Divorce Lawyer Services


Pamela, A Certified Divorce Lawyer, Cape Town,
answers common questions about divorce

Divorce Lawyers Cape Town
Divorce (or the dissolution of marriage) is the termination of a marital union, the cancelling and/or reorganizing of the legal duties and responsibilities of marriage, thus dissolving the bonds of matrimony between a married couple under the rule of law of the particular country and/or state.
Before contacting Divorce Lawyers in Cape Town to assist you, take a look at the topics on the left. They may answer many of the questions you have.
A civil marriage needs to be dissolved by a court. A local Cape Town court will suffice. You are only entitled to a divorce if you can prove to a court that you and your spouse can no longer live together and there is no chance of resolving your differences. If one of the spouses is mentally ill or continuously unconscious, this is also a valid reason for a divorce. Proof of this can include evidence showing that:
  • The couple have not lived together for a while.
  • One partner cheated on the other.
  • One partner left the other
  • One partner abused the other.
  • The couple no longer love each other.
You can get a divorce if your partner has been institutionalised for mental illness for at least two years and doctors don’t think that they will ever recover.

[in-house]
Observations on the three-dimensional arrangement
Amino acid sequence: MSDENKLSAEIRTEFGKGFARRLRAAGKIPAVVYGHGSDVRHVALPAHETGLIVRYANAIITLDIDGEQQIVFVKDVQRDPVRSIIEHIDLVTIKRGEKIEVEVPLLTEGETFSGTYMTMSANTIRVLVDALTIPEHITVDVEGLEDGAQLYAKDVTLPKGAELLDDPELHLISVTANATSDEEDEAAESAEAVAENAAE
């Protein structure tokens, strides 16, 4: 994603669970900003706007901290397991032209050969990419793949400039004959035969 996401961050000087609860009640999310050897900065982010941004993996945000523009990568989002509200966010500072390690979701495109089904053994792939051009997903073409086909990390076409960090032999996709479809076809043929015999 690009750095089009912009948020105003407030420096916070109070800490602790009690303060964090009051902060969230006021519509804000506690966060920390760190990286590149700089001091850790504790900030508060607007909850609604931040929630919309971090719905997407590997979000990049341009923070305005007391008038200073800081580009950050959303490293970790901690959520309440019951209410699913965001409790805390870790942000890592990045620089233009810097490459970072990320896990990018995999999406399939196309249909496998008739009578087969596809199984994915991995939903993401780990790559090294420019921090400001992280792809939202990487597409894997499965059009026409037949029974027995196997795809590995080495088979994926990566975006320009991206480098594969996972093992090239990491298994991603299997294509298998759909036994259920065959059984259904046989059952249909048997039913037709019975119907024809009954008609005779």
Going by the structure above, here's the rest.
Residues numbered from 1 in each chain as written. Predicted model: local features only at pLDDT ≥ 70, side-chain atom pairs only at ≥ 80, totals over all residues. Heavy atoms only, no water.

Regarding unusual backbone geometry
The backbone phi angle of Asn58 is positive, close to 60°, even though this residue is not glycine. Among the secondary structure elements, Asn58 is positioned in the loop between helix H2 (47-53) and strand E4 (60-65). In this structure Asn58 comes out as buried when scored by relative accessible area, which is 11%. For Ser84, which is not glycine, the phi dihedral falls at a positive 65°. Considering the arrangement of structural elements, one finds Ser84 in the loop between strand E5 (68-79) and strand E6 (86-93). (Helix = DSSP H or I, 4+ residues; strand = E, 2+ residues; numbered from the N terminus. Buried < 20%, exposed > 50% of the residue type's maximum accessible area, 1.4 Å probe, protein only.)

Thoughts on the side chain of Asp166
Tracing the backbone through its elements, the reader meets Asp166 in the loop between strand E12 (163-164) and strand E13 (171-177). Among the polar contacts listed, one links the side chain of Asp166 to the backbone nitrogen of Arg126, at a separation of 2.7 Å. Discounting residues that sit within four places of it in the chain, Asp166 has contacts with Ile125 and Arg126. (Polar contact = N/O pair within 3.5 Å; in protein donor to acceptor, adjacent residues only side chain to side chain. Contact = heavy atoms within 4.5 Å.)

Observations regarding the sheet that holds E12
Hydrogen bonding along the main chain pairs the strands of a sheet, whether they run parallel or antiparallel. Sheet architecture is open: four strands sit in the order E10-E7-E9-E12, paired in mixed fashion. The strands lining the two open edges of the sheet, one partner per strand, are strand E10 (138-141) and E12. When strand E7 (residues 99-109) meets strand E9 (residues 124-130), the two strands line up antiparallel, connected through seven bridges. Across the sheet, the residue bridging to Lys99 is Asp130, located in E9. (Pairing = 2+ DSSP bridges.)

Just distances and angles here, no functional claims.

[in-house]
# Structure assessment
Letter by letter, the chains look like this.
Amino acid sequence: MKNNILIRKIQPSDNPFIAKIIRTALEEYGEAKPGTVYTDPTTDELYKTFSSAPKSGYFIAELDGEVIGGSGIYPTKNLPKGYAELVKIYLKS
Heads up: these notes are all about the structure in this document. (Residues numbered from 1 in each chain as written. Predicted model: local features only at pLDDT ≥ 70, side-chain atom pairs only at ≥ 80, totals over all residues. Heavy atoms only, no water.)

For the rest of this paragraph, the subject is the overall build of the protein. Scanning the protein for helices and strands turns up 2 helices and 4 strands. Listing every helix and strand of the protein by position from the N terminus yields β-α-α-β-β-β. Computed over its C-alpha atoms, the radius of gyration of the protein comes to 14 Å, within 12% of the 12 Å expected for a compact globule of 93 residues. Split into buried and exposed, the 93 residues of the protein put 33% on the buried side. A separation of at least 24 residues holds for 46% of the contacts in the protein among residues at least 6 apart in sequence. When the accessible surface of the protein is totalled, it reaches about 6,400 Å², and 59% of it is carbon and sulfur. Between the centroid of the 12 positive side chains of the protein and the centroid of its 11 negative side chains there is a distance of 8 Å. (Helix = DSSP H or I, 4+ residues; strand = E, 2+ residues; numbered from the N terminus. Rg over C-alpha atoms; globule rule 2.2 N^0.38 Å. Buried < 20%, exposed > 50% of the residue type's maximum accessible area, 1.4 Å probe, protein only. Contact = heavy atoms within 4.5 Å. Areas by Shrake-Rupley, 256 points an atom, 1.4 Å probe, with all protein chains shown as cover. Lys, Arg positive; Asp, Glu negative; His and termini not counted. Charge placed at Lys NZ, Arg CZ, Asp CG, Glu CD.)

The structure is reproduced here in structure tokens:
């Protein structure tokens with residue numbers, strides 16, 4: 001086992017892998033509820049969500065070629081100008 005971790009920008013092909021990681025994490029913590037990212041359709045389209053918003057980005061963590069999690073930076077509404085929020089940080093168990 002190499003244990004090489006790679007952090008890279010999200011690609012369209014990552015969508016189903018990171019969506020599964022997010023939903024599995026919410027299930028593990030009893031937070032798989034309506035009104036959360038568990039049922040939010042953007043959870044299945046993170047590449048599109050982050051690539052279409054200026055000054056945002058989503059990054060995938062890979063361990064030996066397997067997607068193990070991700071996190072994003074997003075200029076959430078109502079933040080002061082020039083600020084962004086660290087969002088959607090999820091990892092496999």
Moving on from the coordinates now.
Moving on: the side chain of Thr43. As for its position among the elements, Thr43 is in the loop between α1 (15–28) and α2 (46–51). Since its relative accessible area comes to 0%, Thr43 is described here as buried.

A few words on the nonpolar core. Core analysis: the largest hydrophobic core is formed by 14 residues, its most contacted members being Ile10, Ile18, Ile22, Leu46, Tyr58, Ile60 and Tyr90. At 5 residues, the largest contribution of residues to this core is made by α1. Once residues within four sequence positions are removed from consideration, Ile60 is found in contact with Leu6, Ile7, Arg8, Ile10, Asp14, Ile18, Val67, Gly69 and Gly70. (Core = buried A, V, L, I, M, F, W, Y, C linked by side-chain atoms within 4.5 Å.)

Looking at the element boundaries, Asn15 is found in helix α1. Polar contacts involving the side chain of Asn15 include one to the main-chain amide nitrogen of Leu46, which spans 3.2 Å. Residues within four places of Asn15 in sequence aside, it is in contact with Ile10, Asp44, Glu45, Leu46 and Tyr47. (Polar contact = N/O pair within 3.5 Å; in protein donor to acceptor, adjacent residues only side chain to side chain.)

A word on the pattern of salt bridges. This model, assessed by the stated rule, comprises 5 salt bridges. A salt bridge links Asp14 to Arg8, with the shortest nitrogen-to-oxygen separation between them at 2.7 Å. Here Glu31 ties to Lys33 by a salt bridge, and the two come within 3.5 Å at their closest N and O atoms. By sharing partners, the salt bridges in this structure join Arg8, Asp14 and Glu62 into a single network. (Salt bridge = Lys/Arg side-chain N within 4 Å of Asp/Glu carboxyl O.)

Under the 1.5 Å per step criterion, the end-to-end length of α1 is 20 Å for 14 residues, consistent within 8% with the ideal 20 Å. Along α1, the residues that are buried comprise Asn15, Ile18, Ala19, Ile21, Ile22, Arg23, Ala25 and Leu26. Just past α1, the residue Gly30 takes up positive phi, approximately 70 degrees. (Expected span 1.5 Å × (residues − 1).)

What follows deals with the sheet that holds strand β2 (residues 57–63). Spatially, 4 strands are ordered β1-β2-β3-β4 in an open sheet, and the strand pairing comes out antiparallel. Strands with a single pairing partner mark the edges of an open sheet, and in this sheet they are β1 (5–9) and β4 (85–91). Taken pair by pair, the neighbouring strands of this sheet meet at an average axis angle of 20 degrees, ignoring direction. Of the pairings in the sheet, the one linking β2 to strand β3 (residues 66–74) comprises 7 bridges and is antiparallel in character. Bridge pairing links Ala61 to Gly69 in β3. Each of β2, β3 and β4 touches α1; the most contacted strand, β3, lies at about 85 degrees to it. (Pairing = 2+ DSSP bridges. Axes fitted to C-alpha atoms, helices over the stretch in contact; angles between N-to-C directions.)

If you want to ask the court to issue a divorce you need to prepare a summons dealing with:
  • Who will have custody of the children.
  • How the parent who does not have custody will have access to the children
  • Who will receive maintenance, how much it will the maintenance be and how it will be paid
  • How your property will be divided up.
  • If you and your partner can reach a settlement agreement before the summons is issued, this will make the process much quicker and easier. If you reach an agreement, you should write it down and sign it. This consent paper should then be attached to the divorce summons.
  • A hearing date will be set. At this hearing, the judge will ask questions to confirm the information in the summons. Once everything is settled, a divorce order will be granted.
  • If you use the Family Court instead of a High Court your divorce may go through more quickly and more cheaply.

Some of our services include:

  • Contested / Opposed Divorces
  • Uncontested / Unopposed Divorces
  • Divorce Mediation and Collaborative Divorce
  • General Family Law Matters
  • Parental Responsibilities and Rights
  • Custody (care and contact) of Children
  • Unmarried Fathers Rights and Access to Children